Dark Daily recently caught up with Michael J. Becich, M.D., Ph.D. from the University of Pittsburgh School of Medicine. He is the Course Director of the upcoming APIII conference on anatomic pathology informatics and imaging support for translational medicine and an international expert on the digitization of anatomic pathology.
We queried Dr. Becich about his views on the three most important new developments in pathology informatics. Because he is on cutting edge of new technologies and applications, his insights can cue pathologists about what is likely to change in the way anatomic pathology groups capture information and report it to referring clinicians.
Number one on Becich’s list is the continued deployment of synoptic reporting. Synoptic reports are structured, textual reports with coding and standards built in. Laboratory Information System (LIS) vendors continue to push this feature and it is enabling laboratorians to data mine from pathology reports. This development is important because, “For years, pathologists dictated reports as large blocks of text and valuable information was locked inside those reports,” observed Becich. “Now, with synoptic reports, that valuable information is directly accessible.”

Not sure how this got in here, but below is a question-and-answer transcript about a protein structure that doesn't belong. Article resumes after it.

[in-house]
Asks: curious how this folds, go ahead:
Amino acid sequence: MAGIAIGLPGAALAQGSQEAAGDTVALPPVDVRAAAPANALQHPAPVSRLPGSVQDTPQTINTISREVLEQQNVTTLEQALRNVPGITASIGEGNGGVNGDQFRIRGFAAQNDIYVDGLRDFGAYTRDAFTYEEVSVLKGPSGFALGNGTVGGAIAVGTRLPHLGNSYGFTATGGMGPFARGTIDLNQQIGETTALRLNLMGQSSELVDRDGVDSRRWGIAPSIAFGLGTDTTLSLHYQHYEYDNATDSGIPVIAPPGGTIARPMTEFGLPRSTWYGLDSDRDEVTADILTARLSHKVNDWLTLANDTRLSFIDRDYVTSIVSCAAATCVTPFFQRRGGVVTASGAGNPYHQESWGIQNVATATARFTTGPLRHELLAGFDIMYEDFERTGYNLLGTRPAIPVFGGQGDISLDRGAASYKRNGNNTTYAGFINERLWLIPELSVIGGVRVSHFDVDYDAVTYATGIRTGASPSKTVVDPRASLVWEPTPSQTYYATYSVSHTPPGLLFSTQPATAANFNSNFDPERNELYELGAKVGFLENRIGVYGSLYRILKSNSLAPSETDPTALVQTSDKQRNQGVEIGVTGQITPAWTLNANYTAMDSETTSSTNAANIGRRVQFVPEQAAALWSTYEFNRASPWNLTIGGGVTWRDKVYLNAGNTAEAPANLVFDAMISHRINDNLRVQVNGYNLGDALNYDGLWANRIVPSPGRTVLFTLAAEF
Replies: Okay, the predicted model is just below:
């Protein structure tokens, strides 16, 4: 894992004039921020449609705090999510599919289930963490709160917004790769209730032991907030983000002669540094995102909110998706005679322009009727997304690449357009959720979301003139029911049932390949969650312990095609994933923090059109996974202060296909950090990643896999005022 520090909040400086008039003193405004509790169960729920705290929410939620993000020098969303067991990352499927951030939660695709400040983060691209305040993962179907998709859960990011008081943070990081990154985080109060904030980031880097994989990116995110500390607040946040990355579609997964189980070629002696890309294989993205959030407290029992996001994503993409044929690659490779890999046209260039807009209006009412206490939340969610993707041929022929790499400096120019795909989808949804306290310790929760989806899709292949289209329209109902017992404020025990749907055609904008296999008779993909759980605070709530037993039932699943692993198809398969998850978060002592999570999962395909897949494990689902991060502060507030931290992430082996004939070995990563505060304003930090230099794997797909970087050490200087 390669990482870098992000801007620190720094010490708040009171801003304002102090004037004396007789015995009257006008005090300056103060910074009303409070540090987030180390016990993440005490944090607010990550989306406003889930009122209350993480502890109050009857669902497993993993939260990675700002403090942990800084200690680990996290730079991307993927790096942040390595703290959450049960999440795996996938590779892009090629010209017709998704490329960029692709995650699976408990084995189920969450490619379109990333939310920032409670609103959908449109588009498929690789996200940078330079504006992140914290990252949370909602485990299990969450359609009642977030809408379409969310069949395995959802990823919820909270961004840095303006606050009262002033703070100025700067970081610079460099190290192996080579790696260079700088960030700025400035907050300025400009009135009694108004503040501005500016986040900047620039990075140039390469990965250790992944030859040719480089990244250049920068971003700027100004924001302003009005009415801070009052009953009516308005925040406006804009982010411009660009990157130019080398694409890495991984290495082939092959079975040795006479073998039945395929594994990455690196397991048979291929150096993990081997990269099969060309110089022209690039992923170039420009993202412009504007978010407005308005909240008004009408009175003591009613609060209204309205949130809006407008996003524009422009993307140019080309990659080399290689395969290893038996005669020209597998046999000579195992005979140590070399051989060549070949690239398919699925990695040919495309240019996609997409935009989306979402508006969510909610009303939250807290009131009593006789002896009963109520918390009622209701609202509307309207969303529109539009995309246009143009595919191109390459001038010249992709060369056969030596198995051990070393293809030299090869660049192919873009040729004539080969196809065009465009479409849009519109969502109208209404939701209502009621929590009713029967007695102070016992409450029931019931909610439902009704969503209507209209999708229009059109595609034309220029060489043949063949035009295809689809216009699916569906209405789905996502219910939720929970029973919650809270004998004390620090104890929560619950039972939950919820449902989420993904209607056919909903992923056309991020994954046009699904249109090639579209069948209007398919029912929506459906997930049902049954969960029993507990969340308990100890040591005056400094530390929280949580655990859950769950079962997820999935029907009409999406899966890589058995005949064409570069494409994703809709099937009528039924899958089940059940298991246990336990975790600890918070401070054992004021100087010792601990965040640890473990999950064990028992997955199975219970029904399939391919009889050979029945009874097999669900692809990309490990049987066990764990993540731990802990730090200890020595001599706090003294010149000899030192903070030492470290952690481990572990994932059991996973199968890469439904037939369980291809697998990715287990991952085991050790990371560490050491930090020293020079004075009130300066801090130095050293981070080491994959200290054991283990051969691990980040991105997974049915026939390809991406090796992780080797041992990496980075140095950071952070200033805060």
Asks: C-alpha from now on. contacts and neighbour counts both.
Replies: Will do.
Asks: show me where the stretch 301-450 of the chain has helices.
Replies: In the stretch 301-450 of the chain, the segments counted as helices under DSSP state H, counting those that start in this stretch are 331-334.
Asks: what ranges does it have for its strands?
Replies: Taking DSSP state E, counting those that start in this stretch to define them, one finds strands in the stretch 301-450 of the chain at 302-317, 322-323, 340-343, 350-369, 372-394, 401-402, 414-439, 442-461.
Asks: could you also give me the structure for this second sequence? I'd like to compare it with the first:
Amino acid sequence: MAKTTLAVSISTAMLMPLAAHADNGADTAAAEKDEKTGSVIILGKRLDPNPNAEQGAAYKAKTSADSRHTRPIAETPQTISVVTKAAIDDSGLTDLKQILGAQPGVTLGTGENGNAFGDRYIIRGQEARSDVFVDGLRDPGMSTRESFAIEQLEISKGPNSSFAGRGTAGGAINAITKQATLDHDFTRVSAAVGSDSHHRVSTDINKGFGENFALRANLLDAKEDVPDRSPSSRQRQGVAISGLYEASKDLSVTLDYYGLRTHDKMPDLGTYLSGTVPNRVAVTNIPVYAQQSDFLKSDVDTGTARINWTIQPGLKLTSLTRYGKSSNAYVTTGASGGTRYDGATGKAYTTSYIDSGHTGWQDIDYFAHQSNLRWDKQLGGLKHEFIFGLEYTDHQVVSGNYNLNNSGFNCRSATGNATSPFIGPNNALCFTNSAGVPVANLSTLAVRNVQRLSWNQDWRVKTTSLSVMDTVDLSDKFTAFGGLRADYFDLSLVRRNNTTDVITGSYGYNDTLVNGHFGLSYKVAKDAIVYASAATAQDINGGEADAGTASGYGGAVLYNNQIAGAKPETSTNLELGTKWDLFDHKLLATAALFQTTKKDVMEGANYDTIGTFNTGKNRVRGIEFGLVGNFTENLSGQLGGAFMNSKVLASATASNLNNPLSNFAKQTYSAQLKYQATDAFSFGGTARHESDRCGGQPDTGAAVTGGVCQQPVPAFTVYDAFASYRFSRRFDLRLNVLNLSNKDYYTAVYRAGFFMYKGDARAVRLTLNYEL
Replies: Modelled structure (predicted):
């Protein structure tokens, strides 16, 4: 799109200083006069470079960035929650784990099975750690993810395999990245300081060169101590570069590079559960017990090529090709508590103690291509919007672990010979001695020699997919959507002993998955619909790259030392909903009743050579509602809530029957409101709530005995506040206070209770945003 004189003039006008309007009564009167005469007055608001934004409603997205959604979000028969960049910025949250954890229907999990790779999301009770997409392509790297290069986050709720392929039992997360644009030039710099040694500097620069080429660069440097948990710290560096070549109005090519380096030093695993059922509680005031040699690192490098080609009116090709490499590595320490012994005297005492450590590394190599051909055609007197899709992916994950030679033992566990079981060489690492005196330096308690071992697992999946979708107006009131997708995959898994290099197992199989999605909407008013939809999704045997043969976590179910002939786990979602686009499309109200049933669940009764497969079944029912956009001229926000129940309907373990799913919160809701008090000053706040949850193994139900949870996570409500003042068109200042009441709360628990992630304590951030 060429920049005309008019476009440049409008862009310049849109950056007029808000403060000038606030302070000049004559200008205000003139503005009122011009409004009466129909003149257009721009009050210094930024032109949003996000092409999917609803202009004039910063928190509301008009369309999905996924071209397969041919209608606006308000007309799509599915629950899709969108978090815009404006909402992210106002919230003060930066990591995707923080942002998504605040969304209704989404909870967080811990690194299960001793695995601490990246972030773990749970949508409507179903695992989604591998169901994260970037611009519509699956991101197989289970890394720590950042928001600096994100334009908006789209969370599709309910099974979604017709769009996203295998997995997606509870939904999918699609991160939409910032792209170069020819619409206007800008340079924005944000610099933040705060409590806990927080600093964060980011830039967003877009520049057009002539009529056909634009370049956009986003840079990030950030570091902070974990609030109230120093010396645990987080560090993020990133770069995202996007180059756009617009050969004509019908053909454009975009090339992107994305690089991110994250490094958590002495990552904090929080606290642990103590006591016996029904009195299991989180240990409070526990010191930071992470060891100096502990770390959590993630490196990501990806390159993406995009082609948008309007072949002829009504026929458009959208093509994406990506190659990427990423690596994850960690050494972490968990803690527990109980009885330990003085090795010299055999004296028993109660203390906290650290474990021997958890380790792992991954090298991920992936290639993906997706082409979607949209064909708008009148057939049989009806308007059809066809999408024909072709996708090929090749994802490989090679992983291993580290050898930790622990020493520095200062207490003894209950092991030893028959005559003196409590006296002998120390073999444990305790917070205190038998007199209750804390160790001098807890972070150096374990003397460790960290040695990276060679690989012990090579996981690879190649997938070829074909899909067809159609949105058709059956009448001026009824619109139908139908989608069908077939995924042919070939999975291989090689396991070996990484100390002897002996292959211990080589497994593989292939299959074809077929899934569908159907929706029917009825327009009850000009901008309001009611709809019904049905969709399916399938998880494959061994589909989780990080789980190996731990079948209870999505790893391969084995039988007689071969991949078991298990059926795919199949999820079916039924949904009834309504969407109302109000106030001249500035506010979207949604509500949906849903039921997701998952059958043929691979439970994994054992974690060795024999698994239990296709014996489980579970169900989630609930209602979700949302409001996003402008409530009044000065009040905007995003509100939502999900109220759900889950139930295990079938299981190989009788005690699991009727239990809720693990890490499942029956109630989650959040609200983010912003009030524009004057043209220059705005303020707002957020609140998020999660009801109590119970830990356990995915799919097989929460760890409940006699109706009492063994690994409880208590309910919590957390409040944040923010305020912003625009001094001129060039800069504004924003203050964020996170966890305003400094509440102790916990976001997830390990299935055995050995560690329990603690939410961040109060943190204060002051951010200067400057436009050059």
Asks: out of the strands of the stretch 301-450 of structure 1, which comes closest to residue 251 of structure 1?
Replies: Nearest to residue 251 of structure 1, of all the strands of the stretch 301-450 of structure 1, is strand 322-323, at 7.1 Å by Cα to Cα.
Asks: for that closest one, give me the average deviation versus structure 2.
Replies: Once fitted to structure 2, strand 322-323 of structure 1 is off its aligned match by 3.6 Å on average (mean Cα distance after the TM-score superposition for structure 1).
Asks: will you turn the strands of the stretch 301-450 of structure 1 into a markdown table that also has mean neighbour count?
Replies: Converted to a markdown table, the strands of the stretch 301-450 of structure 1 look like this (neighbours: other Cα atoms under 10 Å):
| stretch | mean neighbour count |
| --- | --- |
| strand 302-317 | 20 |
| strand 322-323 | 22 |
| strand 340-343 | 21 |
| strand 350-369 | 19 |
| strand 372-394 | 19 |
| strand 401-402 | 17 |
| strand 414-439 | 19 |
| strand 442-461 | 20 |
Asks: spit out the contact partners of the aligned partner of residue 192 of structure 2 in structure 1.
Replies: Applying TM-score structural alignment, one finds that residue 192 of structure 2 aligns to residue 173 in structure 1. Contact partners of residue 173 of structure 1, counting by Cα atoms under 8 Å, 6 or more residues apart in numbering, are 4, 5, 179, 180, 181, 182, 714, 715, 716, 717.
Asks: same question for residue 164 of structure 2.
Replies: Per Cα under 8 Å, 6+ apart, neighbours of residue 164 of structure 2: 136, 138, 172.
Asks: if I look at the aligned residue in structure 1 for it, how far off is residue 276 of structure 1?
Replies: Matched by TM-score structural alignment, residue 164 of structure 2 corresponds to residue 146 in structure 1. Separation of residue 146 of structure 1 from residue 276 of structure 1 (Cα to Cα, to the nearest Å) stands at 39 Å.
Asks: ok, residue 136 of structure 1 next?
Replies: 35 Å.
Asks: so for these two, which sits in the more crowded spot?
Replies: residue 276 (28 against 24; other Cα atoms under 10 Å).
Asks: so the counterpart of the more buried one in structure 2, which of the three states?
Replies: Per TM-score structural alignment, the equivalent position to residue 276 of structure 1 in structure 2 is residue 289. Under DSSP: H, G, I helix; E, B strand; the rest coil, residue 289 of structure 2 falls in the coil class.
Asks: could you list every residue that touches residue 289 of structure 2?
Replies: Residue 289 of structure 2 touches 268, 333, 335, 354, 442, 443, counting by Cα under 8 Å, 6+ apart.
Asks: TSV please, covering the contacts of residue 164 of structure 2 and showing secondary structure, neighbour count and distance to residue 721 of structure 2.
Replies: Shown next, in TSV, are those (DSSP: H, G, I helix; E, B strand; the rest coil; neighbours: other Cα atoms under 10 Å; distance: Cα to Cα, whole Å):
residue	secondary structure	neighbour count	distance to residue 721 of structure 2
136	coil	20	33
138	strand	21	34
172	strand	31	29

Next on Becich’s major list of trends is the continuing development of whole slide digital imaging. Radiology has been converting to digital picture archiving systems (or PACS) for some time. Now, pathology is moving down the same road, with glass slides being converted to digital files. This development is important because “pathologists frequently must transport slides around to numerous locations and it is often difficult to share a glass slide with others. Digital slides provide a cost-effective way to easily and instantaneously share slides and improve patient safety,” said Becich. He also pointed out that digital slides offer the opportunity for pathologists to work from a totally-digital and analytical desktop. One major benefit is that it makes it easier for pathologists to more widely distribute information to patients and stakeholders who want it.
The third development on Becich’s radar screen is quantitative image analysis. Pathologists now have computer algorithms that assist them in the interpretation of images. This is particularly important for immunohistochemistry. Billing codes are now available that pathologists can bill for (if they choose to) use these computer-assisted devices. “This trend is important, said Becich, “These computer algorithms enable a pathologist’s digital desktop to provide high-volume, high-throughput quantitative analysis. In the era of personalized medicine, the qualitative evaluation (1+, 2+, 3+ method) is not sufficient for the interpretation of immunohistochemistry.”
Laboratorians interested in learning more about these trends should attend the APIII conference. It will take place on September 9-12, 2007 in Pittsburgh, Pennsylvania at the Marriott City Center Hotel.